Given my wife and I have a prenup, and have some joint finances, and some separate, I hadn’t considered us as a financial unit until just now. Together, we’re well north of $1MM, but until we relocate and merge our finances more completely via primary and rental real estate purchases, it’s not been on my mind.

    Thanks for the reminder!
    Jack @ Enwealthen recently posted…Why Do Banks Charge What They Charge, Pay What They Pay, And Generally Act Like Banks?My Profile

    • Stefan Sharpe Oct 6, 2016, 2:34 pm

      Perhaps you could be my second millionaire interview 🙂

  • Matt @ Optimize Your Life Oct 6, 2016, 2:25 pm

    Nice interview, fellows. I always enjoy when bloggers interact like this because you get parts of the story that may not naturally come out on their own site.

    Putting summer job money in a Roth IRA in high school is really impressive. I think all of my summer job money went to gas for my car or CDs for my walkman.
    Matt @ Optimize Your Life recently posted…Spending for Maximum HappinessMy Profile

    • Stefan Sharpe Oct 6, 2016, 2:35 pm

      Imagine what that money could have been used for. I was in the same position except we do not even have these funds in Trinidad so this is not on my mind until I came to America and took a course senior year. All those PS4 games I bought and barely played could have amounted to a couple thousand now!

    • The Green Swan Oct 7, 2016, 9:39 am

      Haha yes, the old Walkman! I certainly had a few discretionary purchases as well, but tried to save the vast majority. Thanks for the comment, Matt!
      The Green Swan recently posted…The Swan Life: September 2016My Profile

  • Mustard Seed Money Oct 6, 2016, 8:41 pm

    I love the analogy of trying to hit singles and doubles especially with investments. Too often I have friends try to find home run stocks to invest in. However, these are almost always risky and have the boom or bust factor. Too often they have struck out and truthfully I don’t have a single friend that has hit a home run that has allowed them to retire. In the meantime I’ve been hitting singles and doubles my whole investment career (with a couple of strike outs, nobody is perfect) but I am closer to my FIRE goal!!!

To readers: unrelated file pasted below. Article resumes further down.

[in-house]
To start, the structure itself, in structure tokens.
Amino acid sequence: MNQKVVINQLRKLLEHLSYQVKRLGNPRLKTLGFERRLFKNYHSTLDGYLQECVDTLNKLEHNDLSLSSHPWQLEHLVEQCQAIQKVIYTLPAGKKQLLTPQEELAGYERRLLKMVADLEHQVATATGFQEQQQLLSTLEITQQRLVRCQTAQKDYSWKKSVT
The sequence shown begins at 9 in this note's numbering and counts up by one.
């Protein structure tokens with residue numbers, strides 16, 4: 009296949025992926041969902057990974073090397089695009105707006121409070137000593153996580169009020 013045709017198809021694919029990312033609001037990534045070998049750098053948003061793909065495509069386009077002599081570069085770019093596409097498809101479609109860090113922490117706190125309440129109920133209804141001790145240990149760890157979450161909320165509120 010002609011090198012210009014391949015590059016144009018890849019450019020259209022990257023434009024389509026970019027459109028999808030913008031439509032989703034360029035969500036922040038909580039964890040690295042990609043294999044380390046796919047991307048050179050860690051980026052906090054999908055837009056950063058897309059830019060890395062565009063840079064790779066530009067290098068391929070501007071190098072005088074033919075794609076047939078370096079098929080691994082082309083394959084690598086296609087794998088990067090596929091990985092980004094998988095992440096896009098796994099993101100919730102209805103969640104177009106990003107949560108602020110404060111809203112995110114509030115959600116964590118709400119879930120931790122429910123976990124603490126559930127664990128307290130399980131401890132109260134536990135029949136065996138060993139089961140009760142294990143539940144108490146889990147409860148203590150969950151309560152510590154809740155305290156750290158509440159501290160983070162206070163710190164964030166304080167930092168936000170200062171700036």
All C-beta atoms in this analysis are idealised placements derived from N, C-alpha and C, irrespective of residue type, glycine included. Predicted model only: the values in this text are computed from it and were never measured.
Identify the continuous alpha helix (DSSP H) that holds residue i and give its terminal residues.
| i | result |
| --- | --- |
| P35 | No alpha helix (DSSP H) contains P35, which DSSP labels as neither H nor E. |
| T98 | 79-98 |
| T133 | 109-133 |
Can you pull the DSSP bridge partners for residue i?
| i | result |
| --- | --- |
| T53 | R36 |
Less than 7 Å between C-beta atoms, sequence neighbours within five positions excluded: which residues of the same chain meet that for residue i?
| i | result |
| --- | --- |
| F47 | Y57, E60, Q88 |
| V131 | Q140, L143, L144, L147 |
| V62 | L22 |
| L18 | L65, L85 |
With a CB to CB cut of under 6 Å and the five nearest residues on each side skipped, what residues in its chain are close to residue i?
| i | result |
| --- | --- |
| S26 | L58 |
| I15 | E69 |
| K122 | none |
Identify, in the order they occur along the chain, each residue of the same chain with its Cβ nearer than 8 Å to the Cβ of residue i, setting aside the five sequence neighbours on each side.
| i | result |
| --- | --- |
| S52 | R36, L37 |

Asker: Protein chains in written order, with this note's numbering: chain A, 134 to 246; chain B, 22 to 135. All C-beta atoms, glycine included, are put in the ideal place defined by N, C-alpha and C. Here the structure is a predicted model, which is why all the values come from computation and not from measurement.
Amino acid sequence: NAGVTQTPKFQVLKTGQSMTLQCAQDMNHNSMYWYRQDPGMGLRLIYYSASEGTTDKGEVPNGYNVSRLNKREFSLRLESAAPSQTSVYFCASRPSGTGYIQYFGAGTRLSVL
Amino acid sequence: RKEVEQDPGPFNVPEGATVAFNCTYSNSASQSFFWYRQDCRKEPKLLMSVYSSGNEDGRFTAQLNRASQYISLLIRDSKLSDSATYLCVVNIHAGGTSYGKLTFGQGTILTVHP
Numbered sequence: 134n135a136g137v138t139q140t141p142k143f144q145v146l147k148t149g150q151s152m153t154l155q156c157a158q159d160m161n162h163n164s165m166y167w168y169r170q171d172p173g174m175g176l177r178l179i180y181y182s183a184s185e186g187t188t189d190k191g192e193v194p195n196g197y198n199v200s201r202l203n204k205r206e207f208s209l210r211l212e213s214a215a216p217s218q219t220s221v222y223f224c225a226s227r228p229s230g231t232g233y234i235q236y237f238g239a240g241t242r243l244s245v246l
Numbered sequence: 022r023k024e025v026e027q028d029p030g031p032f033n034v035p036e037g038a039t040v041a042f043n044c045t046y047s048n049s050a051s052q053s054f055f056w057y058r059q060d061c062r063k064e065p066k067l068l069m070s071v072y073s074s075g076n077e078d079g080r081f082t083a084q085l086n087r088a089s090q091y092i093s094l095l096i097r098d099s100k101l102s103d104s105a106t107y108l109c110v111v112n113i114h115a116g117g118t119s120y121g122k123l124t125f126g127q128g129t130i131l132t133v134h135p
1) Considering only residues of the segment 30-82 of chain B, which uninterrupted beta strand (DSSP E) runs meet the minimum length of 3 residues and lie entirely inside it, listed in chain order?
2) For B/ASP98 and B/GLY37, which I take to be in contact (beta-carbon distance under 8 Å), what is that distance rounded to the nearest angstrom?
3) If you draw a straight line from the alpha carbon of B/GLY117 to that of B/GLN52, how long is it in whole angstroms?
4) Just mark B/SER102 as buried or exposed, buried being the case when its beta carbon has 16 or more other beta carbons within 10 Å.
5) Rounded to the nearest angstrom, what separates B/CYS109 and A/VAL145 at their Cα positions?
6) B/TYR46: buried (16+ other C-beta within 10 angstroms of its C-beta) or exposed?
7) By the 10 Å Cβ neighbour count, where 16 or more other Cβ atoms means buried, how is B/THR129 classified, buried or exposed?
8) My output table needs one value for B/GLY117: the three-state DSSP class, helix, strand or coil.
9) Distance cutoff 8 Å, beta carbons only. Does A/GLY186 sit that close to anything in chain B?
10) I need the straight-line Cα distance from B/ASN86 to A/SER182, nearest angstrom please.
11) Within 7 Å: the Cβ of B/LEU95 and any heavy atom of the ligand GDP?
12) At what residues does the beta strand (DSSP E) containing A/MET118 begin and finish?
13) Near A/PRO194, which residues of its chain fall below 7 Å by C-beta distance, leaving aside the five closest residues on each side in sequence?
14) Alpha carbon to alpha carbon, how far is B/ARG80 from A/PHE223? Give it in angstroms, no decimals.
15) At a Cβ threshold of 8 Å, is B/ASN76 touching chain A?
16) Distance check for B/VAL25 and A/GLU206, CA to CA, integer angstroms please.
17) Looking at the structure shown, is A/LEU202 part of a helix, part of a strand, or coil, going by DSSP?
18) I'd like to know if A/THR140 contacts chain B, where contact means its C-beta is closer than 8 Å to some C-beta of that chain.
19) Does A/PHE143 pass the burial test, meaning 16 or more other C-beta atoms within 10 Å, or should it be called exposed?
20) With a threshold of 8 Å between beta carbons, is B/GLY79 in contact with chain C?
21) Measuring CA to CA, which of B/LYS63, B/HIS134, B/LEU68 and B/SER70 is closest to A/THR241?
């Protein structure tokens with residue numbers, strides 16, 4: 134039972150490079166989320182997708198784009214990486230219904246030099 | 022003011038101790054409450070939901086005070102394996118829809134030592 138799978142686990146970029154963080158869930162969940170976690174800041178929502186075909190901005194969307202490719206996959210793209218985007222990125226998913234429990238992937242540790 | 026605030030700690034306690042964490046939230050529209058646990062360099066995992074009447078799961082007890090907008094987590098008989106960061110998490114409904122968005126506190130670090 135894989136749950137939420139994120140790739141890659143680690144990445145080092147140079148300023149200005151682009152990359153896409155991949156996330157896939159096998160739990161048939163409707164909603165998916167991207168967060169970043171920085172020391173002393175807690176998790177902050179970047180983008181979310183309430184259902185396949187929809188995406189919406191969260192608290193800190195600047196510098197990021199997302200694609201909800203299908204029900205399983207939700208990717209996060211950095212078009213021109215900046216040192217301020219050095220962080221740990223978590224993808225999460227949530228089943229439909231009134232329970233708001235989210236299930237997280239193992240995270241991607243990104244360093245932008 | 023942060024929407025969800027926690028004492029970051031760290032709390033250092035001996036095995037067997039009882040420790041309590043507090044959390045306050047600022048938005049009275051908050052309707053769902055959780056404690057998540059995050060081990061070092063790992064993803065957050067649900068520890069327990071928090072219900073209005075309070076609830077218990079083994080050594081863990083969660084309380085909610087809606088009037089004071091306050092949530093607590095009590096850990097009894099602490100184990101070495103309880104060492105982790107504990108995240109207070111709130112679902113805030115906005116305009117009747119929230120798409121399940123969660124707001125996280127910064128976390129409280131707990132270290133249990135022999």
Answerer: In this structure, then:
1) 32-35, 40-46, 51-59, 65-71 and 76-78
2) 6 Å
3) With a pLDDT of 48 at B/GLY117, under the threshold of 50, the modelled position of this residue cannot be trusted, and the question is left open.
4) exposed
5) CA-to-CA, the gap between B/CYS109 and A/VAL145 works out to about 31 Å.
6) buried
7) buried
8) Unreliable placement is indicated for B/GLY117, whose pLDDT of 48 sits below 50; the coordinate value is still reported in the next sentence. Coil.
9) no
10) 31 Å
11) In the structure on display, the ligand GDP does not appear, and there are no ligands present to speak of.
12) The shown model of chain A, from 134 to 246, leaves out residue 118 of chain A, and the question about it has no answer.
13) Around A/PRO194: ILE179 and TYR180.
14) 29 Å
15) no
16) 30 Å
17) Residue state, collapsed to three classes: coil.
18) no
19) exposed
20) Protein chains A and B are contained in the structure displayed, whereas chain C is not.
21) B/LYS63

Mustard Seed Money recently posted…How Finances and Health are RelatedMy Profile

    • The Green Swan Oct 7, 2016, 9:40 am

      Absolutely! I have a few friends that have tried to hit home runs and I just never thought it was worth the effort. You may get some winners, but you’ll get some losers too and in the meantime I’ll just keep plugging away with my singles and doubles!
      The Green Swan recently posted…The Swan Life: September 2016My Profile

  • Shaina McGregor Oct 8, 2016, 11:29 pm

    Congrats! I too look up to my older sister who prompted me to invest early. Would you say it is better to invest in individual stocks or in mutual funds like Vanguard’s VTSMX or VTSAX?

    • Stefan Sharpe Oct 9, 2016, 9:22 am

      Hey Shaina,

      I think the average person is better off investing in VTSAX than individual stocks. Many people think they can beat the market and many fail.

  • Your First Million Oct 10, 2016, 10:21 am

    Awesome post! Achieving $1 million net worth by age 30 is certainly possible and people do it all the time! I think the key is getting started very early! Just as the writer stated “I began investing in high school after my first summer job.” I would venture to say that most people are not thinking about investing at this age, so becoming a millionaire by 30 would seem way too hard for them, but in reality it is possible. I agree with everything in this post. The only difference with me is that I like to take an active role in my investments, rather than a passive role. I would rather continue to acquire small multifamily properties that provide solid cash flow every month and capital appreciation over time than invest in anything like a 401(k), IRA, Roth IRA or any other type of retirement savings account. I come from the mindset of Robert Kiyosaki that “savers are losers.” Now I do save money, but I save money to be invested into real estate. Once I have enough money for the down payment on a property then I make my move and start all over once I buy it. I don’t like leaving money invested in stocks, bonds, index funds, mutual funds, ETFs or whatever. If you can’t control it, you don’t own it is what I always said. I want complete control of my money and my assets at all times, and real estate gives me this freedom.

    • Stefan Sharpe Oct 10, 2016, 10:35 am

      That is a very interesting perspective and something I can get behind. The stock market certainly has a lot of uncertainty, especially in the short term. While I certainly will be investing in a 401(k) to get the free employer match, real estate is something I am actively pursuing. My goal is to get my first property before the age of 30. Use all of its profit to go towards another property and so on. Real estate is tried and tested and you know exactly how much to expect every month which is a great benefit. If you have any tips I would love to know!